For those who actually read about my Eagle Project Disaster, this is a story about my music merit badge experience that probably should have clued me into the emotional root canal that would be the rest of my Scouting experience.
First, for someone who isn't brimming with love for the outdoors, the traditional merit badges can be difficult. Don't get me wrong, I love me some camping. I just don't want to spend 15 hours hiking into some remote backwoods location where no one can hear you scream.
I'm all about convenience camping. As a result, some of the bark-eating, latrine-digging, bear-proofing requirements in Scouts didn't exactly make me jump for joy.
It was during a particularly low point, that I thought I would take a break and do an "easy" merit badge ... one that dealt with a topic in which I was actually interested. I thought it might reignite a fire under me (unlike my futile efforts with flint and steel).
I love music. Good music. Music that makes me think about deep stuff. Music that makes me happy.
So, I found the Music merit badge, and thought it was a sign that even nerdy, awkward boys like me have a place in the Scouting program.
Because I had recently moved, I had no friends, so I threw all my attention at this stupid merit badge. It was like one of those guys who love wearing Hawaiian shirts. If left unchecked, the infection can spread until his entire house resembles the Tiki Room at Disneyland.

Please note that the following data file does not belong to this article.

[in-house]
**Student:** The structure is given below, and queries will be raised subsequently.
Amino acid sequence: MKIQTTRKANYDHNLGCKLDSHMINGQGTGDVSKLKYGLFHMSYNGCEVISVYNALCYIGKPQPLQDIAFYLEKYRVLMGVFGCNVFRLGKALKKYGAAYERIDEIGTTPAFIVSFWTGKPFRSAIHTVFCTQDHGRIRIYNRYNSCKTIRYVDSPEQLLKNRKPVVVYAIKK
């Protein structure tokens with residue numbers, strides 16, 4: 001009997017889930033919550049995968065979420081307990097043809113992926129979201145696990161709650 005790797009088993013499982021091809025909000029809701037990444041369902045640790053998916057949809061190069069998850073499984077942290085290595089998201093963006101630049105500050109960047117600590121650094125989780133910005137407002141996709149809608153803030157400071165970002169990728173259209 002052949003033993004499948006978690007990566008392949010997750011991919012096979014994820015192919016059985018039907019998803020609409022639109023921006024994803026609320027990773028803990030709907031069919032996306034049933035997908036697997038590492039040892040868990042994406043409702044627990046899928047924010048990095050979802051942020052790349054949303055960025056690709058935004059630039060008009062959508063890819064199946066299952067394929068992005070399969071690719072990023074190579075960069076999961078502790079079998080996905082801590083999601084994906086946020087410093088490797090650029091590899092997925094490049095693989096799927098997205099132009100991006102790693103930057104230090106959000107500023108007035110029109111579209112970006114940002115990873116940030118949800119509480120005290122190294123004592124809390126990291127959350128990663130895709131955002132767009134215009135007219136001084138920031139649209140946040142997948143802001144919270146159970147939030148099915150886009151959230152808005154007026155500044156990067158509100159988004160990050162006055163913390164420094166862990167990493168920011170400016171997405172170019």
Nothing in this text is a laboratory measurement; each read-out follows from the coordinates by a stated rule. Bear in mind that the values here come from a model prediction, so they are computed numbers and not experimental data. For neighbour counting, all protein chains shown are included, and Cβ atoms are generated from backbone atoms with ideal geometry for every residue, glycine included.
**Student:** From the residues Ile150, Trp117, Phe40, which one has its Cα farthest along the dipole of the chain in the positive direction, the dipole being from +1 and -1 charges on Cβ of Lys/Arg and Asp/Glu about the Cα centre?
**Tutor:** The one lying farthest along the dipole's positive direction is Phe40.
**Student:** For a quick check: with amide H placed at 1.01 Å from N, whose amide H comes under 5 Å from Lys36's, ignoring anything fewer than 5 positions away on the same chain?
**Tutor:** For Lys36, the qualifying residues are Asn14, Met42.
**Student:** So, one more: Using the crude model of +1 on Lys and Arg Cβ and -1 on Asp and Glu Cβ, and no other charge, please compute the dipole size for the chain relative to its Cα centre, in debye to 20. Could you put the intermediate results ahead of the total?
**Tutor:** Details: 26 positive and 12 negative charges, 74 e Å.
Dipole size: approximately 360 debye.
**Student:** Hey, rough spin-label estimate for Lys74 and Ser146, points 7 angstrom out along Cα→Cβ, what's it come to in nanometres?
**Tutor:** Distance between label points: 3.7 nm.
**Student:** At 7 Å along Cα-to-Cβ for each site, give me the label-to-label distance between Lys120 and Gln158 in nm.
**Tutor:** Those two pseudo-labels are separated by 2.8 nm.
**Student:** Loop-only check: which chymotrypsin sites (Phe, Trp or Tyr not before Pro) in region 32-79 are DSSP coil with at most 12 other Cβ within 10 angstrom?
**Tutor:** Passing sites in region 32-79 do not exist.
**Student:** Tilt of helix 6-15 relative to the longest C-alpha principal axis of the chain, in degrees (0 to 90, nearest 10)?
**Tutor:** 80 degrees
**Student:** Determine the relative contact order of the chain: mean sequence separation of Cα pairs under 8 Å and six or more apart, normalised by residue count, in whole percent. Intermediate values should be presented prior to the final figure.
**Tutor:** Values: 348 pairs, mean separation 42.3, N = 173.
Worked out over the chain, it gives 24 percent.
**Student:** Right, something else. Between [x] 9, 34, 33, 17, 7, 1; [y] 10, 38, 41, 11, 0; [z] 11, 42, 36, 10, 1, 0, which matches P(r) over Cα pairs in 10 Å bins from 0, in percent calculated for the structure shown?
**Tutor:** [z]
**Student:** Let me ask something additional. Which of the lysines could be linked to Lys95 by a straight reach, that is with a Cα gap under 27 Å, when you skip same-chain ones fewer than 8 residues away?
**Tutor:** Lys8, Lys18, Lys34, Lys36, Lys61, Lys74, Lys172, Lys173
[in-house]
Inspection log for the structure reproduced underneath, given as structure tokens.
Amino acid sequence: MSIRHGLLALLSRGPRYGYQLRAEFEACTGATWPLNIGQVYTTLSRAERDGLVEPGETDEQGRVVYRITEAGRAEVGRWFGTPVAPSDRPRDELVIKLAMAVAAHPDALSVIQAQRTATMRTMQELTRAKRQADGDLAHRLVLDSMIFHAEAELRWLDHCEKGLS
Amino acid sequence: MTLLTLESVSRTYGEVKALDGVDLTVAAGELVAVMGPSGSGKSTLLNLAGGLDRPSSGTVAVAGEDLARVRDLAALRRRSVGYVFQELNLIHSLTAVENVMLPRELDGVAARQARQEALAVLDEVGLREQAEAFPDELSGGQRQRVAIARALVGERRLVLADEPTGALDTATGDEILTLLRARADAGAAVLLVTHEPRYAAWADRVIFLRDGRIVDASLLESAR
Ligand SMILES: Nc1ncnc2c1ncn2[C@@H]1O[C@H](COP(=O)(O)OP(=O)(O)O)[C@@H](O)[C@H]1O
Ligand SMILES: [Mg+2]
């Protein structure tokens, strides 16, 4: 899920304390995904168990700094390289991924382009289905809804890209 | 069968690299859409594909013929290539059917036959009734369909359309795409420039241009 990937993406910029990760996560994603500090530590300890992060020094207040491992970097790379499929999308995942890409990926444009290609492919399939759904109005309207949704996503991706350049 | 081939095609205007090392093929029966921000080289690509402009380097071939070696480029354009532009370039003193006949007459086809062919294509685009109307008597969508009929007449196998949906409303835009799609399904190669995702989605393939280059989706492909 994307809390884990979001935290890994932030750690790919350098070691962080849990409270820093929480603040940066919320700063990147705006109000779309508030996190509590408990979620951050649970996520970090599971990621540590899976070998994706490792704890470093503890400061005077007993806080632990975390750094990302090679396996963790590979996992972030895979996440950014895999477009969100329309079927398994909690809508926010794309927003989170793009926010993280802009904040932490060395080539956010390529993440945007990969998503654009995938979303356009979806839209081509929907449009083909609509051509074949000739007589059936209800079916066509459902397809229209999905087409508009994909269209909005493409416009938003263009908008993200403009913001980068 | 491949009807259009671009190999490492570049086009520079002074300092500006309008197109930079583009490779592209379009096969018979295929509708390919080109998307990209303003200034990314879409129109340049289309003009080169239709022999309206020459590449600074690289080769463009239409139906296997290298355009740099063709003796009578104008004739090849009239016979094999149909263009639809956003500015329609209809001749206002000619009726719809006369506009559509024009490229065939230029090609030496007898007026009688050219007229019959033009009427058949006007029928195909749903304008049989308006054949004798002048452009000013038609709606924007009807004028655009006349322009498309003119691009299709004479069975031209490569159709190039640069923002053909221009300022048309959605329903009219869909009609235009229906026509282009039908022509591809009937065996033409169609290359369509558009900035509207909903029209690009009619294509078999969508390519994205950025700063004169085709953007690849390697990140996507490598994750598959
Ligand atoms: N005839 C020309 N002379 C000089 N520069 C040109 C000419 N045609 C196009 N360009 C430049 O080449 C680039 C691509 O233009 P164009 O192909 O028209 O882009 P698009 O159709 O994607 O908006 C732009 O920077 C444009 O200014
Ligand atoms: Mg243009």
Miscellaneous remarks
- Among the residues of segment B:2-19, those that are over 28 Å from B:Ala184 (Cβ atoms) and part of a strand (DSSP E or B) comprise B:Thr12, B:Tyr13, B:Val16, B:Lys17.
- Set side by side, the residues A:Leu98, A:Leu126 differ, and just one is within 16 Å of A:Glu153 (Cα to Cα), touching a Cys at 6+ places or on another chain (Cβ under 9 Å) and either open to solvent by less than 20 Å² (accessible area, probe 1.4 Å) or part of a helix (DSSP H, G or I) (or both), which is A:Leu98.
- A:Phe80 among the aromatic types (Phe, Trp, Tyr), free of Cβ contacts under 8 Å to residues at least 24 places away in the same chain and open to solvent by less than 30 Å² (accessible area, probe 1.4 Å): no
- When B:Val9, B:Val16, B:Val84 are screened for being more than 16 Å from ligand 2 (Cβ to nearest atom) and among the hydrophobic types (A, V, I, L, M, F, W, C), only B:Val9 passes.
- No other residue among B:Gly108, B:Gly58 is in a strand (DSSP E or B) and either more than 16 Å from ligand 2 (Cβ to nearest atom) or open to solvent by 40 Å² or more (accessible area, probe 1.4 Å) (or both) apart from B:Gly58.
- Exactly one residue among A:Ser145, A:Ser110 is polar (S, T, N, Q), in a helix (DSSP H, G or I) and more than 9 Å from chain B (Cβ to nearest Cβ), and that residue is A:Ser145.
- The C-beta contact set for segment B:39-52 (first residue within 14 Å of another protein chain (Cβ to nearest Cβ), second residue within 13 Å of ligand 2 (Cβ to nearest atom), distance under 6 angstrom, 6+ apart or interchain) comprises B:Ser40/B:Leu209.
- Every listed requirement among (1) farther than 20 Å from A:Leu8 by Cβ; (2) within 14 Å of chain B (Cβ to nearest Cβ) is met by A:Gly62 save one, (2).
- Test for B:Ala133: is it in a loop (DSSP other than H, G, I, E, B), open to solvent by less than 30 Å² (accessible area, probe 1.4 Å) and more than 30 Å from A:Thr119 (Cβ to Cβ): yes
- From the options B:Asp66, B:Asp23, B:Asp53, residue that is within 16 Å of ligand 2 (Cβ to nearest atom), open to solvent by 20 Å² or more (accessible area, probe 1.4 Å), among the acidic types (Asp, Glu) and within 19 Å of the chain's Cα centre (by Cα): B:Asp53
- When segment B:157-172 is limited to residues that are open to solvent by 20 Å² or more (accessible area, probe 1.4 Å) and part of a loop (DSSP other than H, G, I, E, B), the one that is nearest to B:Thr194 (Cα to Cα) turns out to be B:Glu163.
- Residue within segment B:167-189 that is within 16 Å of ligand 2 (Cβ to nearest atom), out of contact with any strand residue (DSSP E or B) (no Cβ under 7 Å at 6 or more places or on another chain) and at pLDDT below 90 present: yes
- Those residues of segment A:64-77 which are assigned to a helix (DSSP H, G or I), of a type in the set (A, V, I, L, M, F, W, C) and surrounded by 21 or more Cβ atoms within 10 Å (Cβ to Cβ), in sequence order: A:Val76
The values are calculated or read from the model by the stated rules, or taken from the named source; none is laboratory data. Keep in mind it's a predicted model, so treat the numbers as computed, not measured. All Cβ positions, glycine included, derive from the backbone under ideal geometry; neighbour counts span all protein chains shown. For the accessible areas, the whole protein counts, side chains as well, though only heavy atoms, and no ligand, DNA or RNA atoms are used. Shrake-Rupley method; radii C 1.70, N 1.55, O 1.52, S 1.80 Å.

So, I went overboard.
Exhibit A: One of the requirements was to make up an 8-measure melody line. Now, 8 measures isn't that long. I decided to write a song to play on the piano with both hands, not just a melody line. In the end it was somewhere around 65 measures, and I was pretty proud.
After finishing all the other requirements, I made an appointment and went to the merit badge counselor's house. He asked me to play my song, and I confidently swaggered up to the piano. When I finished, I turned around with a big grin on my face, expecting him to be wiping a tear out of his eye, telling me I was the son he never had and offering to put gold plating on the merit badge patch once I received it. Instead, this is what I got:
"Oh Nathan ... (as he slowly shook his head) ... You can do better than that."
I was devastated. On top of that, he decided to give me homework (beyond the requirements in the book) and had me take a bunch of his classical CDs home to memorize the names of the songs from various composers for a quiz he would administer during our next appointment.
So much for rekindling my love (translate: marginal acceptance) of Scouting. It looks like I'm about as good with potentially interesting merit badges as I am with flint and steel.
(In case you're wondering, I did get the merit badge in the end.)